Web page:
There’s really only one solution to thwart dehydration and keep the body from aging prematurely. Drink plenty of water. According to Dr. Ali, water is the “simplest, safest, cheapest, and single most effective therapy for preserving cellular and matrix oxygen homeostasis.”19 Primarily, he says, the difference between a young cell and an aged cell is that the aged cell is dehydrated and shrunken. Water is the key, he says.
“Water is the best cell energizer and resuscitator. Water is the best tissue detoxicant. It is the best diuretic. It is the best enhancer of enzyme functions of energy, detoxification, digestive, and neurotransmitter systems. And it is the best antidote for acidotic stress.”20
Michael Lam, M.D., author of The Five Proven Secrets in Longevity, says the key to drinking enough water is to spread your intake throughout the day. “Do not drink more than four glasses within any given hour,” he says. Also, “limit your intake during mealtime as too much liquid can dilute the digestive enzymes in the stomach.”21 Finally, he says, the best time to drink water is 30 minutes before a meal or two and a half hours after.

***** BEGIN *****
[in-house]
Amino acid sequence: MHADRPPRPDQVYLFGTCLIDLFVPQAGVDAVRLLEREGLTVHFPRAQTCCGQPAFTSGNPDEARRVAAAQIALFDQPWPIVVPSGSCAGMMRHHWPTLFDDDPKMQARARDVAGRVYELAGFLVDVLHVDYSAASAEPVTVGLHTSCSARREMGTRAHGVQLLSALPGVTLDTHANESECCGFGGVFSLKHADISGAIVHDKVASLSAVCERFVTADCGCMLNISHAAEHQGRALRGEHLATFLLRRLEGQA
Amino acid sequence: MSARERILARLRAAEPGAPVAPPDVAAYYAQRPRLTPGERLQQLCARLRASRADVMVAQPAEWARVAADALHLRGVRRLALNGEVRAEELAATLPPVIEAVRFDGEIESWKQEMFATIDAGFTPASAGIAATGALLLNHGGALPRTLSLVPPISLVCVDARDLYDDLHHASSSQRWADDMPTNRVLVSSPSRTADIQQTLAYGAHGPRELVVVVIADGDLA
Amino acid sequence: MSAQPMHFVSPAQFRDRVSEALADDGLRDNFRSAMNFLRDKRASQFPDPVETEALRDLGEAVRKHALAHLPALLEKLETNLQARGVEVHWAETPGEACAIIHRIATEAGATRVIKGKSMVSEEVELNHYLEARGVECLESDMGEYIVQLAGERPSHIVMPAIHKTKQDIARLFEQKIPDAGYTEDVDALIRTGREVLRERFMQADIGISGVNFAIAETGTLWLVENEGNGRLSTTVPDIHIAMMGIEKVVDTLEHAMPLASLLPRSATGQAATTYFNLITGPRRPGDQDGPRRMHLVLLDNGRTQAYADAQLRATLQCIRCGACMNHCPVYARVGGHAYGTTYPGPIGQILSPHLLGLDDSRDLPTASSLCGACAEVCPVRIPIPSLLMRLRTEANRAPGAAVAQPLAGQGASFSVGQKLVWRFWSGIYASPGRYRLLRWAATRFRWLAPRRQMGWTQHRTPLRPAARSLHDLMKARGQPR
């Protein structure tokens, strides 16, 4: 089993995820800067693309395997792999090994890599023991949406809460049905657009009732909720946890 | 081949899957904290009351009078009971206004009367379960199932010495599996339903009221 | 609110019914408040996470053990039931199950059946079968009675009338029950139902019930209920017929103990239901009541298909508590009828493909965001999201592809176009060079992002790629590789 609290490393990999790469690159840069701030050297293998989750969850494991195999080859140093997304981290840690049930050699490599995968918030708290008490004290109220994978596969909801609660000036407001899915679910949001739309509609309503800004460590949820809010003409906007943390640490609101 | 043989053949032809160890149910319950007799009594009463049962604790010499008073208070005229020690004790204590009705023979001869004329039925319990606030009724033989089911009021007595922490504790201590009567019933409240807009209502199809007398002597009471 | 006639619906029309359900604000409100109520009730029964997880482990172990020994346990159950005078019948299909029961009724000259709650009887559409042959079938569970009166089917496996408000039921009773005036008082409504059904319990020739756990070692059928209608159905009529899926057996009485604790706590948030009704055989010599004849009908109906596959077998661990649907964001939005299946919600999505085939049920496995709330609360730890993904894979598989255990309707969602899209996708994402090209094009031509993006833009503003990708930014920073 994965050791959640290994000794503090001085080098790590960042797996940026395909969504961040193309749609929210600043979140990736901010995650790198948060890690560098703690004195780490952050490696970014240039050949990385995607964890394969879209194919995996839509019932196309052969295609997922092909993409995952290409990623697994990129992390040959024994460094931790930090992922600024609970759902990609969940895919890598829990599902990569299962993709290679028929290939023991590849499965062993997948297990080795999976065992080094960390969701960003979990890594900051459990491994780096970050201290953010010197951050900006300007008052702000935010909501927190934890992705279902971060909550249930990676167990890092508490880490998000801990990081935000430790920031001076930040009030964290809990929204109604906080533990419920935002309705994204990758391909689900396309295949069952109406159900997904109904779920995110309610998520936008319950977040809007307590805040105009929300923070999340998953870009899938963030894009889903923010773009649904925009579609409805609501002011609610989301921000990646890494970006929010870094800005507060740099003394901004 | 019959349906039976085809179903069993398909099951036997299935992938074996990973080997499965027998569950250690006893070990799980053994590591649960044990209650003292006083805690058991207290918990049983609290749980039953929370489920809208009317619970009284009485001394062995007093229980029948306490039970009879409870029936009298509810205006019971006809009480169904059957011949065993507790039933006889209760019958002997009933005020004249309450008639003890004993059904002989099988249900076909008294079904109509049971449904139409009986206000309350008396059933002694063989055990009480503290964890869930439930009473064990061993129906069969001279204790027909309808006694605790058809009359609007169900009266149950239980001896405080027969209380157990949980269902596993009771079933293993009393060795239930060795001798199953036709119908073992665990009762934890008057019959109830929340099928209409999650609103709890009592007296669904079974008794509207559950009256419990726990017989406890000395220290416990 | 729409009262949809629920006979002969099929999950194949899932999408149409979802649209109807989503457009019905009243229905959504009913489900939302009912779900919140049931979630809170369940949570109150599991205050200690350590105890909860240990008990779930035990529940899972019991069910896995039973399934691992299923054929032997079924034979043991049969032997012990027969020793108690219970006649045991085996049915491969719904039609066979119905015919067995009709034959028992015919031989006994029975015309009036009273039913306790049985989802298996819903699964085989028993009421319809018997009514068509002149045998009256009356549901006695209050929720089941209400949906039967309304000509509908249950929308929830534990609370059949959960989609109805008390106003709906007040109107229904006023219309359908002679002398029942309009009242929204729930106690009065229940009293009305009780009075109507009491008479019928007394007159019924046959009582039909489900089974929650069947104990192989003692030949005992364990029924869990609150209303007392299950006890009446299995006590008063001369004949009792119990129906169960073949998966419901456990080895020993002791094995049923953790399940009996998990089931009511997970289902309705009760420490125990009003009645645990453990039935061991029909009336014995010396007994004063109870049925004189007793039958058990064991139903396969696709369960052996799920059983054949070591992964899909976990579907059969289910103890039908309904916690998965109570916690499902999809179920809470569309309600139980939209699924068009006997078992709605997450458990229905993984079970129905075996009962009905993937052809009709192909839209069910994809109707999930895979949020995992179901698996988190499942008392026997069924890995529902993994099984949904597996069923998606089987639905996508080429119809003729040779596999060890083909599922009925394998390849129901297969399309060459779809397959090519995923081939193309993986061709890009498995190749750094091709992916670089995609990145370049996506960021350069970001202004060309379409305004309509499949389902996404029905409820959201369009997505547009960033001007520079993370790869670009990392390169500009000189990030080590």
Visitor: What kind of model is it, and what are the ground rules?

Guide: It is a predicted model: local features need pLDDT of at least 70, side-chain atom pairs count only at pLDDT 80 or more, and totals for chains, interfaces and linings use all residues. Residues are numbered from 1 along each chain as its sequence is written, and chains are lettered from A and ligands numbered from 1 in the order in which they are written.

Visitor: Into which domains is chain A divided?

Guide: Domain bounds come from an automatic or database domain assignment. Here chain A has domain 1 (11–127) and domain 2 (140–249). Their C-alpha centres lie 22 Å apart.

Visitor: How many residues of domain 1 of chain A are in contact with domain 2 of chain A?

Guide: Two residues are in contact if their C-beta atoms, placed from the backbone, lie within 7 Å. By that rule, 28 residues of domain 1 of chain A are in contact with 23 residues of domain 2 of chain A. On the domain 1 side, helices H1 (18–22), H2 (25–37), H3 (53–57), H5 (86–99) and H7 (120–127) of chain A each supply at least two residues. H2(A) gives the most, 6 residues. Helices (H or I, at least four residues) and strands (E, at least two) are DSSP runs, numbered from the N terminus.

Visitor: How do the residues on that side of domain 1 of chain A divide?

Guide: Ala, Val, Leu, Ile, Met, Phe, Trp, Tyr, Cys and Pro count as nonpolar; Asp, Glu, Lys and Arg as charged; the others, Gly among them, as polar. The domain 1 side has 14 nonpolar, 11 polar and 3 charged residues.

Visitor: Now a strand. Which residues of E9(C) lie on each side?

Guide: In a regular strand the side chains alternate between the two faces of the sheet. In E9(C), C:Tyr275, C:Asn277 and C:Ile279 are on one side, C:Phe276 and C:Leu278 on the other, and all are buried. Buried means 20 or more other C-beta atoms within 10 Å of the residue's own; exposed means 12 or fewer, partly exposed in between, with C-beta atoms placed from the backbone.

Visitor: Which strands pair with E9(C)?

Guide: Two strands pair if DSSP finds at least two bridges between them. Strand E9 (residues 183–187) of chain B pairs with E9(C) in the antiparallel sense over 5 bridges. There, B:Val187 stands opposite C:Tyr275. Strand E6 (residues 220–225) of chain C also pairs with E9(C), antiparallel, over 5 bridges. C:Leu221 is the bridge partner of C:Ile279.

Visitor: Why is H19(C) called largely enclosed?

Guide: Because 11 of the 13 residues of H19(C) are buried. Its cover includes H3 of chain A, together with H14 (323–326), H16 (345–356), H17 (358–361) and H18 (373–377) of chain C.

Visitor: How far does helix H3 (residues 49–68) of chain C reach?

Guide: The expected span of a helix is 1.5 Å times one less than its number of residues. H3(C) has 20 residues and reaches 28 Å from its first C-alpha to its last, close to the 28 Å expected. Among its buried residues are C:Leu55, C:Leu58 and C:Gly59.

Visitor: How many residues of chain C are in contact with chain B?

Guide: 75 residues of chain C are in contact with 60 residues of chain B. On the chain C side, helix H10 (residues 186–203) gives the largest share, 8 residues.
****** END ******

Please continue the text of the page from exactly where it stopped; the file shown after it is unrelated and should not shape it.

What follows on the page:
In addition to what we do know about water as an integral part of aging healthfully, it’s what we don’t know that may offer the greatest opportunities. For example, these are the correlations already proven: Good hydration reduces the risk of urolithiasis, constipation, and exercise asthma, and is associated with a reduction in urinary tract infections, hypertension, fatal coronary heart disease, venous thromboembolism, and cerebral infarct.22
What if we could prove that disease starts at the level of a once-healthy cell compromised by dehydration? What if we found that some of our most insidious diseases could be sidestepped if we only rethought our drinking regimens? Or that maintaining a hydration balance or even overload could nourish the body at a cellular level and ward off the traditional effects of aging?
What we do know today is that there’s really no way around the fact that adequate water intake is imperative for good health. “Optimal cell function demands optimal cell hydration,” write Holloway and Joiner-Bey. “As the most abundant constituent of life on all levels, water is an intimate partner and participant in every biochemical reaction that occurs within every cell and tissue. We dare not neglect a substance that is so critical to our well-being.”23
Author’s Note: It’s important to note that making a significant change to dietary or exercise regimens should come under the advice of a healthcare professional. When increasing water intake, the above is especially true for those with cardiac, renal, and/or kidney problems.